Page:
The Bitdefender Antivirus Plus: This antivirus has been rated as the top software to protect your device from any non-demand and unwanted influence from outside, whether it’s online or and hardware device. Quick heal coupons will help you get some discount.

Kaspersky Anti-Virus 2016: Kaspersky has launched its new version of antivirus software and it has done well in the newly conducted lab tests by various field enthusiasts. It stands at second in the list.

McAfee Anti-Virus Plus: McAfee is one of those companies which started developing antivirus software very early, this product is another good standard product by the company, the best feature about the software is that one subscription lets you install the software on all your device across all platforms (including android, ios and windows).

Though each of the software will cost you around $40, but they will be more valuable as they save your devices from unwanted threat.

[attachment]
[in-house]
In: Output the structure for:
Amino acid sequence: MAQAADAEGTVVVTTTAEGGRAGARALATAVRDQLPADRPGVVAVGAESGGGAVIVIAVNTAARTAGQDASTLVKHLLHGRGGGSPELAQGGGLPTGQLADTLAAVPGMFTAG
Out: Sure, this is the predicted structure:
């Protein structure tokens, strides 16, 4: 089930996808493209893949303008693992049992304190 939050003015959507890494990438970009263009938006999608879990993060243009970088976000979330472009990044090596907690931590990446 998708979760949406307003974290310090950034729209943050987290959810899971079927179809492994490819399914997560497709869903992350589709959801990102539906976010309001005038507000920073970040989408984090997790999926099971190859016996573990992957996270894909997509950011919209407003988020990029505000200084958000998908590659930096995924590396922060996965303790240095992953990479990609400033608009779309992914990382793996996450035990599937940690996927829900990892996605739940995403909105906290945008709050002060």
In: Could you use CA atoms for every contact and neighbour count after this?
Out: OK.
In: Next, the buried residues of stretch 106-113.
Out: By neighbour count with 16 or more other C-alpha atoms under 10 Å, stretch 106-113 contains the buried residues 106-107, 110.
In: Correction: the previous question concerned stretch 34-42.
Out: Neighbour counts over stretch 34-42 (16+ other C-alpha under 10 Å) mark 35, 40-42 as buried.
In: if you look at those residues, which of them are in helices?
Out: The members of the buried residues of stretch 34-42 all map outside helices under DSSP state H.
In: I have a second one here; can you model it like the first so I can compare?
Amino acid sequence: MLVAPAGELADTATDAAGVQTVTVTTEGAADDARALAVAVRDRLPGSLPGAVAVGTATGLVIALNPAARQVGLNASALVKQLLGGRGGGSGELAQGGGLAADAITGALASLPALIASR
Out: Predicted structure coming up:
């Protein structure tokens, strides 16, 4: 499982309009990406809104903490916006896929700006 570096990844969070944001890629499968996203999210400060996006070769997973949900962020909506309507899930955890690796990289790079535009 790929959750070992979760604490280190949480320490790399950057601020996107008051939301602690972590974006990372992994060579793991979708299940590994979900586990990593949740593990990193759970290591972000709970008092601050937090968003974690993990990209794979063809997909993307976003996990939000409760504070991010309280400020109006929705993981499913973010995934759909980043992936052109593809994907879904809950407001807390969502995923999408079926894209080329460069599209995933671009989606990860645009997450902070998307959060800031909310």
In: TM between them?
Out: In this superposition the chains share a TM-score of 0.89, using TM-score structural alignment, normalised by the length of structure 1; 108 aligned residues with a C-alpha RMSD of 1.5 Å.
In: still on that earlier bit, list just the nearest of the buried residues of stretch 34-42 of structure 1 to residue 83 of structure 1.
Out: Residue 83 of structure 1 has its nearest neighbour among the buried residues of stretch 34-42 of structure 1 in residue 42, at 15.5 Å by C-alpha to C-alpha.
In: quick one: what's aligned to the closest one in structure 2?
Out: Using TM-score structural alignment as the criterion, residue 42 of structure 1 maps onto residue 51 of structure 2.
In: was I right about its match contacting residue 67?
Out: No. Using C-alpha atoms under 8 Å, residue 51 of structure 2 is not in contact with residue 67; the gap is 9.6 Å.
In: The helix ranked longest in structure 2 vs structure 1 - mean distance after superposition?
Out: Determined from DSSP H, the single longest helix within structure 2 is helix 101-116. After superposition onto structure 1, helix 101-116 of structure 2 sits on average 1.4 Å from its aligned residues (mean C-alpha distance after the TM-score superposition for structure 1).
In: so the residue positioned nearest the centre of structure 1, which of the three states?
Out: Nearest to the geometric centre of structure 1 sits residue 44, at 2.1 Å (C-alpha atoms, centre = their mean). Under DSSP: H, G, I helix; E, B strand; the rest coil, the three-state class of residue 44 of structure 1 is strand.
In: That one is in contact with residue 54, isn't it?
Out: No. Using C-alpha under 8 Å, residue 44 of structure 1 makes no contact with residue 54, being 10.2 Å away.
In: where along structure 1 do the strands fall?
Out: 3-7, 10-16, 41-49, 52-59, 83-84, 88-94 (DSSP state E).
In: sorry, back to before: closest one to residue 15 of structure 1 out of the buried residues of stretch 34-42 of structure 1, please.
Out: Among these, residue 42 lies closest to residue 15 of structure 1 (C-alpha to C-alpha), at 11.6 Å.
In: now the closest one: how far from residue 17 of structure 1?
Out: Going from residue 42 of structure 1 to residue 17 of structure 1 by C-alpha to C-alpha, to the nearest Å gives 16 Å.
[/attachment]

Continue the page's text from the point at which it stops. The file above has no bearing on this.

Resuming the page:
Where to buy from?

People have serious doubts on e-commerce companies, some people claim to have received a duplicate product, so for your own satisfaction it’s good if you buy it from the company’s official website. Antivirus companies too have special offers and discounts running all year round, you can use Kaspersky coupons these will help you save some dollars or get you an extra year of subscription.

New Axiomtek Nano-ITX NANO840 And NANO842 Motherboards Introduced

Axiomtek Nano-ITX

Axiomtek has this month unveiled new additions to its range of motherboards with the introduction of the new Axiomtek Nano-ITX NANO840 and NANO842, which are both very similar in design apart from their option of different Intel processors.

The latest motherboards measured just 120 mm x 120 mm and provide users with a choice of processor from 1.5GHz dual-core Celeron to a 1.91GHz quad-core Atom, all of which can be supported by up to 8 GB of DDR3L memory.

Axiomtek Nano-ITX

Specifications for the new Axiomtek for the NANO840 and NANO842 include :

• Processor — Intel Baytrail-I system-on-chip: